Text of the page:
Eleanor M. Albert: When we think about having dialogue about public health, are there certain topics within that field that are more insulated from some of the political concerns and constraints? Coronavirus is off the table, right? But there's a plethora of issues that both countries face, whether it's urban/rural access to health care, or whether it's gender access to health care, various standards of issues.

Where are there areas where we can have discussions that are that deep dialogue that is necessary? Is it that we need to have these discussions as it relates to places outside of both of our countries? China is training doctors in different parts of the world. Is that something where there could be more engagement? Where is the fruit that can be born from some of these dialogues?

Jennifer Huang Bouey: That's a great question. There's certainly no shortage of topics that the two countries can learn from each other or even come together through a discussion to find a solution of importance to both countries or maybe to other parts of the world. Both countries are facing this increasing cost of health care, right? And both countries are actually both capable, very strong in research and development. And both countries are innovative even though each country has its strengths in almost different type of supply chain for the research. U.S. is very good with theoretical and basic science and China's very good in adaptation and quickly turning that into the consumer products.

I wish there were joint force for the common good of health, but I think the first thing for us as global health professionals, we still need to understand what is the situation. It's not just coming from our own will and goodwill that we can just work together; we need to understand the competition between the two countries. And only when we understand why there are some of these concerns, then maybe we can address these more effectively.

So these barriers are, I say competition, and some other people may say it's war, right? So you have the competition in trade, competitions in technology. You have competitions in currency, in global influence, as well as military.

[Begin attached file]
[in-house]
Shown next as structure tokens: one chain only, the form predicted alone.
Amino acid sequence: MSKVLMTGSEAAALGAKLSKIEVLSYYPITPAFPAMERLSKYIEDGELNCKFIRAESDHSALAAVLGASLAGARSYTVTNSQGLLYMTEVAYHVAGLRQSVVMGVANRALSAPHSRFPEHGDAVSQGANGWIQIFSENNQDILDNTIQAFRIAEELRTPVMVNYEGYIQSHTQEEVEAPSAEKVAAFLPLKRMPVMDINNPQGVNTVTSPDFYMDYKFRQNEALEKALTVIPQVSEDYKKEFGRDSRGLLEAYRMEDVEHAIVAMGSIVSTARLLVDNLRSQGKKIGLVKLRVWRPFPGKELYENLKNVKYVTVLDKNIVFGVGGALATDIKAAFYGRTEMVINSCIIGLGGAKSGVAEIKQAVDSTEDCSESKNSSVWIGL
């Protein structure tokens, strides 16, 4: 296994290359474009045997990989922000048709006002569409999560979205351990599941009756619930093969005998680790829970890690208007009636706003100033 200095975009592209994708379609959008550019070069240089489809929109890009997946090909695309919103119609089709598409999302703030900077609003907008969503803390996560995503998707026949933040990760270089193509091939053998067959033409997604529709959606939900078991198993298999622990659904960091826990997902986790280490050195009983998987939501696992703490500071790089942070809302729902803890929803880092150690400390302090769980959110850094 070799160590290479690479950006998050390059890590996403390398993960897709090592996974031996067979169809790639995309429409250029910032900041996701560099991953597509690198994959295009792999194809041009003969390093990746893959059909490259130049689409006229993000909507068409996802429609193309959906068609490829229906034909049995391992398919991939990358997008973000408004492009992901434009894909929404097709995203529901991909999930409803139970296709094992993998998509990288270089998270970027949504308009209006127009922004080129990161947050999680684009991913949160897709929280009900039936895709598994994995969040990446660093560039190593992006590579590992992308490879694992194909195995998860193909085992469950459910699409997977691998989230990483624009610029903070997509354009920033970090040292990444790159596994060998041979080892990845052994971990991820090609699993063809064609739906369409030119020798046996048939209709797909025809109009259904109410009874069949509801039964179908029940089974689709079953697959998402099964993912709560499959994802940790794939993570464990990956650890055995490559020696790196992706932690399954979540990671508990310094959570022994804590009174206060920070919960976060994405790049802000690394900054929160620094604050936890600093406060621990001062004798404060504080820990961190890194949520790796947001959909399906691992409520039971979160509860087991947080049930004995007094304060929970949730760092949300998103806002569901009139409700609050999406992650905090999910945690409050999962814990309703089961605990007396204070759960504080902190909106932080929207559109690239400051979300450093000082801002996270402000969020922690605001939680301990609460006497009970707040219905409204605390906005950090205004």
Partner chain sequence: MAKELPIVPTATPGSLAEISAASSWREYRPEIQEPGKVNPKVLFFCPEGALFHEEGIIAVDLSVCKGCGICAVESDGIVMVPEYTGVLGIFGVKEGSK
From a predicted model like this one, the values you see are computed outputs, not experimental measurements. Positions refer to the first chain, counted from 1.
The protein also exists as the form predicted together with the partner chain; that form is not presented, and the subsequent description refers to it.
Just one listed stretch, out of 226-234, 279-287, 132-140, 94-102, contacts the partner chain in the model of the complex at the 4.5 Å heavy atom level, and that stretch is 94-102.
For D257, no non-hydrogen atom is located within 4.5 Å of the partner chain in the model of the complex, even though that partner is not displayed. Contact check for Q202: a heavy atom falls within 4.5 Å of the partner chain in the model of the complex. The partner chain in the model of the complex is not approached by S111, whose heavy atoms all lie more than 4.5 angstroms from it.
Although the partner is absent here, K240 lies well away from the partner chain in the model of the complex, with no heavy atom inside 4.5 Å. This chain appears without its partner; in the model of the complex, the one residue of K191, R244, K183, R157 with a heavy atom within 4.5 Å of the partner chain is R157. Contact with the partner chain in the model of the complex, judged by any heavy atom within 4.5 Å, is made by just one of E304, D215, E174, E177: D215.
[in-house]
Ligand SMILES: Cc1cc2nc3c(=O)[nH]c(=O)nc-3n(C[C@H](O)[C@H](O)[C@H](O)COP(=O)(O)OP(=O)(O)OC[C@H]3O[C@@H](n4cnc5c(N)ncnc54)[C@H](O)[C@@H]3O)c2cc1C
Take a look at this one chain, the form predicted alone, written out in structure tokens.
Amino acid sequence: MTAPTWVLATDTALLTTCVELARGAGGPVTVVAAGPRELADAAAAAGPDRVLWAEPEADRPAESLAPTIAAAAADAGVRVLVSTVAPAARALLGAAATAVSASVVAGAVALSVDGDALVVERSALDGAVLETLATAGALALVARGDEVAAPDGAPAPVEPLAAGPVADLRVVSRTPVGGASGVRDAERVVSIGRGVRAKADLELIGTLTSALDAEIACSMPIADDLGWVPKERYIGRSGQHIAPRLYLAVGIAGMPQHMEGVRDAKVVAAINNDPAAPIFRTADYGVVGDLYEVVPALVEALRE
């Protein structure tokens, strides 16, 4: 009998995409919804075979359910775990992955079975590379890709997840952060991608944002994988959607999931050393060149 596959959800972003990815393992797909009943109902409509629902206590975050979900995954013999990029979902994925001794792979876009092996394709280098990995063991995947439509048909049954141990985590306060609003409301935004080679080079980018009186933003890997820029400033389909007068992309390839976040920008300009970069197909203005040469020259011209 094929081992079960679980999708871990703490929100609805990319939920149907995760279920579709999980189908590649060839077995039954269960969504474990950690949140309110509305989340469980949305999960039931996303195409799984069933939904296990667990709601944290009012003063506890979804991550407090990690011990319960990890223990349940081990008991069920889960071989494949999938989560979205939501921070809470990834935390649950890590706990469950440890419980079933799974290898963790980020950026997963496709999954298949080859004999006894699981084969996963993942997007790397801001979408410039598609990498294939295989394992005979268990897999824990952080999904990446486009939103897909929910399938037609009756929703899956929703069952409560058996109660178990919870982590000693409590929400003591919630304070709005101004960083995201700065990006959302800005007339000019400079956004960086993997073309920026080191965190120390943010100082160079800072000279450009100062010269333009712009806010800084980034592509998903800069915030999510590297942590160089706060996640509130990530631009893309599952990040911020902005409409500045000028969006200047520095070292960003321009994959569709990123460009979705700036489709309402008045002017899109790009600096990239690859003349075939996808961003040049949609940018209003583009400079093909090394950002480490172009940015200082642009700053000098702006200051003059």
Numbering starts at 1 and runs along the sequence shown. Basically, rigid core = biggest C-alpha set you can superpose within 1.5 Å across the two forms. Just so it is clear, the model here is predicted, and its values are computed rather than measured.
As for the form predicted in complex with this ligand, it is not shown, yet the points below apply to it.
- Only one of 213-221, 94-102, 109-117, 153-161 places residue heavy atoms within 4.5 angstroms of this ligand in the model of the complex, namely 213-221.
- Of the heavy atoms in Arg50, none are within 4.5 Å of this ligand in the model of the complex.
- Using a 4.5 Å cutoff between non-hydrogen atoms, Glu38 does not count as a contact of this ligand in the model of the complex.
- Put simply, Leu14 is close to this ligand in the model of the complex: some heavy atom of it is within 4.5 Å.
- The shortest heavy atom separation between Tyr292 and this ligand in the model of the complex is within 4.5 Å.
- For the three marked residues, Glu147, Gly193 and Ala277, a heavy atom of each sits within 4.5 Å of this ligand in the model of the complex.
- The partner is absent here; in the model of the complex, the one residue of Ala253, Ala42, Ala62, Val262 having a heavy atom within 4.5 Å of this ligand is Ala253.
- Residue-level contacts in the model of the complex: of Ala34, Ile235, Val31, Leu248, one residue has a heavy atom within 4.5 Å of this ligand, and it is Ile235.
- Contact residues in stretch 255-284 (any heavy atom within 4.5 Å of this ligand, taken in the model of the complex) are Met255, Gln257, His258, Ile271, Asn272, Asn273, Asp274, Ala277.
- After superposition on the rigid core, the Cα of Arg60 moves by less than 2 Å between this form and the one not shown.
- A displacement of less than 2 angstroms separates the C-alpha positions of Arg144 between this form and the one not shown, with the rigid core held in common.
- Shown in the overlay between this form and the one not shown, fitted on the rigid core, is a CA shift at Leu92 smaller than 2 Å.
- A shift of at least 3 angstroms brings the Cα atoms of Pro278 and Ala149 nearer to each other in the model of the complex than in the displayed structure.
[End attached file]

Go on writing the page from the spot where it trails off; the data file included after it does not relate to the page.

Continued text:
Eleanor M. Albert: Vaccine roll out…

Jennifer Huang Bouey: That's all about the global influence. So we have to be aware and not to say one country is right or wrong, but these are the facts. These are big power competitions and we cannot just wish it away. So that taught me to think, “Okay, how can we get work done, but without causing these competitions to aggravate”? And also, I think the two countries do have very different system from its political system to its health care system, to how it tries to solve its problem.

I think at the beginning of the COVID-19, I was sitting in testimony at Congress and I was hoping the two country can work together, but that didn't happen. So, I think these competitions are the barriers. Each country's political situation, like polarization in the U.S., and China's own political issues, as well as rising nationalism. Those can all be part of the barriers.

So then where can collaborations on health sit? First, we need to understand these barriers and then to think about, okay, what we want to do is really get work done, not to claim any superiority. If each country can engage more with multilateral institutions, either new ones or old ones, doesn't matter... But if each country can integrate their global health activities more into what is done in different regions, let's say in Latin America or in West Africa, truly work with the locals as well as the multilateral agencies—with WHO, with the Global Fund, with the G20, whichever initiative that has a foot on the ground—and working with them more, rather than thinking about the gains.

The other thought I have is, given the situation, how to engage the collaboration at a multilevel. So not just looking at two countries, say the top leaders need to shake hands. That's important, but also important is at provincial level, province to states, to city to city. United States is not a top-down country. It's a federal system; each province can have its own policies. So targeting different levels of collaboration. I know that California has been maintaining this climate and energy research with China for a while. I think that level of collaboration should get more attention. And also at a professional level, as an epidemiologist, I would love to work with epidemiologists around the world. And I think COVID-19 also [showed the] benefits from the professional network of data sharing. I do think that we need to be a bit more innovative in considering dialogues and collaborations.